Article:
|Henry Stanley "finds" Dr Livingstone in Africa|
The great explorer was born in Denbigh, north Wales, on this day, 1841, the illegitimate son of a farmer and a teenage girl. Abandoned by his mother, he was baptised John Rowlands and taken in by his kindly grandfather.
But in 1846 the old man died. No other relative was willing to step up. So, without being told where he was going, the lad who would one day re-brand himself as Henry M Stanley was packed off to St Asaph workhouse, and left there. He was six years old.
St Asaph was never as cruel and brutal as Stanley would later make out. But it was certainly no picnic either. Like all Victorian workhouses, it was a grim, humiliating place. Inmates wore uniforms. Husbands and wives were kept apart. Beatings were commonplace. Meals were bread and gruel.
Stanley never got over it. First the shame of his illegitimacy, the pain of his mother’s betrayal, the grief of his grandfather’s death; then an overwhelming anger at being dumped in a loveless institution for the best part of a decade. The traumas of those early years never left him. But instead of destroying him they made him as hard as stone. Henry Stanley the explorer seemed to be virtually indestructible, a titan, a man of almost superhuman drive and ambition.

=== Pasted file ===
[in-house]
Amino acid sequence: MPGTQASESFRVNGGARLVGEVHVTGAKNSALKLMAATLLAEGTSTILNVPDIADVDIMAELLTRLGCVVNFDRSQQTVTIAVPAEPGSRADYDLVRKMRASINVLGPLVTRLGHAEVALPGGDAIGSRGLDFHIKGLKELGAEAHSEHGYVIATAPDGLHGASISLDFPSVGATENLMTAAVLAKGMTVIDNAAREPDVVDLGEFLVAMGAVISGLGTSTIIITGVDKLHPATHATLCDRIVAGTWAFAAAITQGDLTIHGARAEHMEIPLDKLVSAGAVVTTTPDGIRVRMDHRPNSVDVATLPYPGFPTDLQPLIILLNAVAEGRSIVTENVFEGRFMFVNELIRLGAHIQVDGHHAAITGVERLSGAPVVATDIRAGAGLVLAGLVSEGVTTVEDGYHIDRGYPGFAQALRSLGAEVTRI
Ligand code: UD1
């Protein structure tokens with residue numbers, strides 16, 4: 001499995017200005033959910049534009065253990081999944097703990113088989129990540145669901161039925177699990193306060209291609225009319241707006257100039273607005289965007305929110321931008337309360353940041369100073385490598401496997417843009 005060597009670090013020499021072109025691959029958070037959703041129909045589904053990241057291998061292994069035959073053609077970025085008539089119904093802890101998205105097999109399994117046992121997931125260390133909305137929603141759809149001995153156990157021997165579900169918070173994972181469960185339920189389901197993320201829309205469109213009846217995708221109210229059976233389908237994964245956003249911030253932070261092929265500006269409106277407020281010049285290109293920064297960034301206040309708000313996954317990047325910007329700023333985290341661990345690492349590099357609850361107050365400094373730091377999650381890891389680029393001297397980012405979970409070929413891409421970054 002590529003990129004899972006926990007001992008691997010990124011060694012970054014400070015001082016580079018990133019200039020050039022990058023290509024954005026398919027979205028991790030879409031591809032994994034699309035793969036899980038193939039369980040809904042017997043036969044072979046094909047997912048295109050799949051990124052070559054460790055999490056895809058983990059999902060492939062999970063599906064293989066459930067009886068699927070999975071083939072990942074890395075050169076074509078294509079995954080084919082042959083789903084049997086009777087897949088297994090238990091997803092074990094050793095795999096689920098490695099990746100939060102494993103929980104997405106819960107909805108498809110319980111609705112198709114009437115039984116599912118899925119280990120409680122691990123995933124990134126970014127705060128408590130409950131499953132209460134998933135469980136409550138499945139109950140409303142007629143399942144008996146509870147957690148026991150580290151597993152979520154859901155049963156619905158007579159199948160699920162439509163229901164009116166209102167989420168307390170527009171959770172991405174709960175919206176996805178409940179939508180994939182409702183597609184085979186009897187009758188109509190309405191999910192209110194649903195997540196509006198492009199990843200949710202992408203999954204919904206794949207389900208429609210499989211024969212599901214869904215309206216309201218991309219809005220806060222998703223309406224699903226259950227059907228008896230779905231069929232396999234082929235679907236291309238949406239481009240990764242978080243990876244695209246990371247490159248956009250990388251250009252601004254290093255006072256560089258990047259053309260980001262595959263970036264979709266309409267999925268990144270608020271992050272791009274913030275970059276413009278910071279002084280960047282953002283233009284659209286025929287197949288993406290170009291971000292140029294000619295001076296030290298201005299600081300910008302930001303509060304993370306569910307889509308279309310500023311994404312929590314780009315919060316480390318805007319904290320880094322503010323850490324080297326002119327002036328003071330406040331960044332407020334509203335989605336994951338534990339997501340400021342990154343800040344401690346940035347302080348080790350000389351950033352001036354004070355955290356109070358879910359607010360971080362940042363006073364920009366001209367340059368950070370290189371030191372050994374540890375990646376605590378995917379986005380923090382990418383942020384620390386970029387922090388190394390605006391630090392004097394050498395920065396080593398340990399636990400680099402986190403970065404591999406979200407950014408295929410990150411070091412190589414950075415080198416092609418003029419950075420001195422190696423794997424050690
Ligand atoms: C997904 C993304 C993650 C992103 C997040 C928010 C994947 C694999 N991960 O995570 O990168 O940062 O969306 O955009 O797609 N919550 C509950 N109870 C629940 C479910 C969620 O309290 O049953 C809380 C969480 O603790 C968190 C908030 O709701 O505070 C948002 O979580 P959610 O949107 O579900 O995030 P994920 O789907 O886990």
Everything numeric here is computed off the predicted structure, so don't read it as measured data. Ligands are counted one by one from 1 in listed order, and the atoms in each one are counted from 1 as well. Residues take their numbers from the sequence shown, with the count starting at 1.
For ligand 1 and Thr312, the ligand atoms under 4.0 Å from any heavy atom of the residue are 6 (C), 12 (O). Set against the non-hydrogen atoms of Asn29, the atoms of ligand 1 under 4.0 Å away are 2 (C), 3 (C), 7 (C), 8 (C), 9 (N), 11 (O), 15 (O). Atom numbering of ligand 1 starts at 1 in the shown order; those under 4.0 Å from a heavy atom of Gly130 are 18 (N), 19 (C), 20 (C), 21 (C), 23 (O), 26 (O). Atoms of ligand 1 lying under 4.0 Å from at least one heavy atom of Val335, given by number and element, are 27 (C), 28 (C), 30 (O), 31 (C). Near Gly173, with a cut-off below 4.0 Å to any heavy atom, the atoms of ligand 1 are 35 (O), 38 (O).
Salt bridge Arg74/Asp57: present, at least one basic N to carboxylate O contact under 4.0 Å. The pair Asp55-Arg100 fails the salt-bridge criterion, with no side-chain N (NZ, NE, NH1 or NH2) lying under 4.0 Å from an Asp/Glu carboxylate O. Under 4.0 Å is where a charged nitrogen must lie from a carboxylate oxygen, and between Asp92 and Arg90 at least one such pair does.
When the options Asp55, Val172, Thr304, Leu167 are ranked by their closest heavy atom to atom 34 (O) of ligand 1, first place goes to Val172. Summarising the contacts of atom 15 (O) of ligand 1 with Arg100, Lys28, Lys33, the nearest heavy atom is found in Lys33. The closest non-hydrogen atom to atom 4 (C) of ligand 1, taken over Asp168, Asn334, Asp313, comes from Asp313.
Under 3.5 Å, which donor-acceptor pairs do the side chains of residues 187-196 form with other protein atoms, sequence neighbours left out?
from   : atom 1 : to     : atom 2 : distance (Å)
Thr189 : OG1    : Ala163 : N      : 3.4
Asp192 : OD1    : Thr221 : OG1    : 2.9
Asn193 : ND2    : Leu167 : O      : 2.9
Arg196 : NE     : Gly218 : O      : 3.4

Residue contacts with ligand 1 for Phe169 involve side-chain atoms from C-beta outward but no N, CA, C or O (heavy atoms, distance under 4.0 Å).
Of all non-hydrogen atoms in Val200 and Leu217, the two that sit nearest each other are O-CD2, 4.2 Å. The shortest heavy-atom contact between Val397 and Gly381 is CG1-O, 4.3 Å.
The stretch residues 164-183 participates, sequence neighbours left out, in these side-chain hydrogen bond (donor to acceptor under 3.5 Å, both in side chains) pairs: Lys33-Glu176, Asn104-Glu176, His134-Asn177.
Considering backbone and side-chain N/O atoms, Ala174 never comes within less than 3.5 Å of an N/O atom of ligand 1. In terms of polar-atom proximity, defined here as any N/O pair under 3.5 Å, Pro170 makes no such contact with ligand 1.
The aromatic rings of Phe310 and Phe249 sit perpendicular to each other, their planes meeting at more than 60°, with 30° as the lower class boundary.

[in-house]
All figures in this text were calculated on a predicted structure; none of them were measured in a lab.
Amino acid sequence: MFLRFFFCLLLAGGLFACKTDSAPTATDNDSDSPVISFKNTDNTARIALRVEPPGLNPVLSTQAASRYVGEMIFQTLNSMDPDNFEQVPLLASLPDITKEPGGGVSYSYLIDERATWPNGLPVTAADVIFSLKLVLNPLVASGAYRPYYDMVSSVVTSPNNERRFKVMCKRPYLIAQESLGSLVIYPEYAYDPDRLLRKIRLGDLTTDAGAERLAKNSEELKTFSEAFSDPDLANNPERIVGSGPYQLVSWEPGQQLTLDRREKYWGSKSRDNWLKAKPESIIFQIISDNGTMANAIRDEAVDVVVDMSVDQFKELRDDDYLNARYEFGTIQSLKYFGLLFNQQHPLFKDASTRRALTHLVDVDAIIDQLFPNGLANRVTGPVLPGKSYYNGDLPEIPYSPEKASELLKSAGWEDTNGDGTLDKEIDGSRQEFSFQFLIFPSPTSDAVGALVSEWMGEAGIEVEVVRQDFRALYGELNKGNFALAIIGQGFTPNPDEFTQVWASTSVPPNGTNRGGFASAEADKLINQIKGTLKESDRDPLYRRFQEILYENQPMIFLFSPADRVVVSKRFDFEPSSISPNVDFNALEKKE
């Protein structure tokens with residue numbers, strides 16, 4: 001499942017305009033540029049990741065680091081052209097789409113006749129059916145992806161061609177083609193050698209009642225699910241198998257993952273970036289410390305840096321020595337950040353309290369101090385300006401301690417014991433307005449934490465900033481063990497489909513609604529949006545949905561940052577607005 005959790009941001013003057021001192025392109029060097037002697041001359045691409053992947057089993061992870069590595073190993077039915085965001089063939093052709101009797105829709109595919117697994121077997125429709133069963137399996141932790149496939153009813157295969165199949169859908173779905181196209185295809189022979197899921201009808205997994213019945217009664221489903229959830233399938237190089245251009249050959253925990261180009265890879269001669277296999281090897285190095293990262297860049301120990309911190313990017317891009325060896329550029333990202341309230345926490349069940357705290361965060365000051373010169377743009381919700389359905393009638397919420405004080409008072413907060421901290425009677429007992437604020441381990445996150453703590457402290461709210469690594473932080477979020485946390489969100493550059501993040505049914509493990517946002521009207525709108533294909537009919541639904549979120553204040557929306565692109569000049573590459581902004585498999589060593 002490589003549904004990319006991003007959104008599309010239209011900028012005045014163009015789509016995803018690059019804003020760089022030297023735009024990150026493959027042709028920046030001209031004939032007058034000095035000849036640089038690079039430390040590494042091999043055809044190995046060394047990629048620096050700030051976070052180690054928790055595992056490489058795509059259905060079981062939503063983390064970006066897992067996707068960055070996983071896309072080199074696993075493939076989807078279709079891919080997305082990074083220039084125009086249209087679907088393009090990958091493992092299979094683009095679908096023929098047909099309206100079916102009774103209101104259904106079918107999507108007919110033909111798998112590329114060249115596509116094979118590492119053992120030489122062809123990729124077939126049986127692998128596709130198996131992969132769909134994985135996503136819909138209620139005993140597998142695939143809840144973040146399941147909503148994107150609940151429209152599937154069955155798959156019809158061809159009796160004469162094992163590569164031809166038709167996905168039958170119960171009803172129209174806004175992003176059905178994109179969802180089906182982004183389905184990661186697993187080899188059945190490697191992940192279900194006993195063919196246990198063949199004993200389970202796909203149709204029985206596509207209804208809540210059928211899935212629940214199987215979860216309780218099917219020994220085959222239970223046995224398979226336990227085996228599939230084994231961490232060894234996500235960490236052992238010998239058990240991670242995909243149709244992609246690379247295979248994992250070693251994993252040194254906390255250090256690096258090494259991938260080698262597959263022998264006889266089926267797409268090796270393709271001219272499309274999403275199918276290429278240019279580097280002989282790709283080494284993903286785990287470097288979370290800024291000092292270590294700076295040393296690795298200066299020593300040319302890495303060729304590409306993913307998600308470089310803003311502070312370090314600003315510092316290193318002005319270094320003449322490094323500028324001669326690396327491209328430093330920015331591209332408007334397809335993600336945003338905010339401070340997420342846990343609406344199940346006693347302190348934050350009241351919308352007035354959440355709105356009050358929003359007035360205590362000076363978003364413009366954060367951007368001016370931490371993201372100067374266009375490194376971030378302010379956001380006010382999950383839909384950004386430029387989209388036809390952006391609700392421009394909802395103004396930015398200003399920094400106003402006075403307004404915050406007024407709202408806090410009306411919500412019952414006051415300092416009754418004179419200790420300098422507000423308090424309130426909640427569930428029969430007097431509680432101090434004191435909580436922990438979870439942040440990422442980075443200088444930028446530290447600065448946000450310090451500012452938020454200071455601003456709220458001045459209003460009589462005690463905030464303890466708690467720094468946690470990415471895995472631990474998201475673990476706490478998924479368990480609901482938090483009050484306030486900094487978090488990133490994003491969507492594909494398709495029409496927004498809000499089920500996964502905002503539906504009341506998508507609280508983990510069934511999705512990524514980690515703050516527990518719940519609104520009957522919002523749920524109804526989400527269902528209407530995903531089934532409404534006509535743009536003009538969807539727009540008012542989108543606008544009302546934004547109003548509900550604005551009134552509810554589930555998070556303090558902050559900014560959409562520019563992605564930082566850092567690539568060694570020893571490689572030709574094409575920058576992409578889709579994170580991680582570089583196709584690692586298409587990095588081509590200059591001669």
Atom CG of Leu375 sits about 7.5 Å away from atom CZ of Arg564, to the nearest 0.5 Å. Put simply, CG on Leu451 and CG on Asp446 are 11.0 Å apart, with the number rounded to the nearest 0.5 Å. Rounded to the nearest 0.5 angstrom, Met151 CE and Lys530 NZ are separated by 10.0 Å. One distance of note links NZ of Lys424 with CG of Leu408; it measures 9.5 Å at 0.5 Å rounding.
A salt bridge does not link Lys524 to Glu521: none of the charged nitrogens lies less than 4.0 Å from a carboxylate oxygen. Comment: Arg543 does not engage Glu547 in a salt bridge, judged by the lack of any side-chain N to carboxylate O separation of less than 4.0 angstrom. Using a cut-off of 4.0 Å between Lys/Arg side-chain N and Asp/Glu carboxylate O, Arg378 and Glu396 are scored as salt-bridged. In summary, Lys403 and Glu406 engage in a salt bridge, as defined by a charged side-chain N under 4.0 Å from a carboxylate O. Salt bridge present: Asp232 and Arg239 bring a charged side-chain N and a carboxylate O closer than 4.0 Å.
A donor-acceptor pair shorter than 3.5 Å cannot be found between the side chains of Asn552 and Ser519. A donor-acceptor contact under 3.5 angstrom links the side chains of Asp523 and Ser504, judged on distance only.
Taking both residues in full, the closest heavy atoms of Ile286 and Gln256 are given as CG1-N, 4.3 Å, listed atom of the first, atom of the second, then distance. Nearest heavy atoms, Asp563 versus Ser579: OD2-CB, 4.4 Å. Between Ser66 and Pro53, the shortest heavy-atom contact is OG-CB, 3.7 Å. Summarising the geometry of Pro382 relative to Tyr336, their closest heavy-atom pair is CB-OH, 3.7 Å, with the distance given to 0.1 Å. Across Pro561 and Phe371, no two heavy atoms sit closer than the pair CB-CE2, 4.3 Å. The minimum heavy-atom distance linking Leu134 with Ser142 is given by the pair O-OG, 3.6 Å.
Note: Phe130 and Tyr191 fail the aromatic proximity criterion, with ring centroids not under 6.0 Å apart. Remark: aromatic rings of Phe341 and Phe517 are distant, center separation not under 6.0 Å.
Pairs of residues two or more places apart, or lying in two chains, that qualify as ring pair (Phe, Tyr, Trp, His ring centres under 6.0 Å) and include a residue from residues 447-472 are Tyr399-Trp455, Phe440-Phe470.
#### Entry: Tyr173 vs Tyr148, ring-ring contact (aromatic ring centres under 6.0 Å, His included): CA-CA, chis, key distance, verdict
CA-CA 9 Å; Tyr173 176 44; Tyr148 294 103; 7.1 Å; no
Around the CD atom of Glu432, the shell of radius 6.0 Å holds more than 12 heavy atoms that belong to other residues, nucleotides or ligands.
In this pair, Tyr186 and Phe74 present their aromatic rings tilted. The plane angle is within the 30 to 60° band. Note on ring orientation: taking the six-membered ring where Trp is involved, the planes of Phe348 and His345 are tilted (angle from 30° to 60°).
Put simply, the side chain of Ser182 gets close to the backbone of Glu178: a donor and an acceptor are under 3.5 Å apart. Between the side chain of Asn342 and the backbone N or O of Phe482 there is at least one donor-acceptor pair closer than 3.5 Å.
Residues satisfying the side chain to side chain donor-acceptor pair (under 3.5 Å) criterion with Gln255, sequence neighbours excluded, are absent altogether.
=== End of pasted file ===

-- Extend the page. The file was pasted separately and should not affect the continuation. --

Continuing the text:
They say Stanley died on 10 May 1904, though I’m not sure I believe it. He’s buried in the quiet churchyard at Pirbright, Surrey, far from the childhood home that caused him such pain. Fittingly, his gravestone is a huge block of granite, taller than a man. And into it is carved the nickname he earned among Africans in Congo. Two words: Bula Matari. It means “Breaker of Rocks”.
For more on Stanley try Stanley: Africa's Greatest Explorer by Tim Jeal – a great book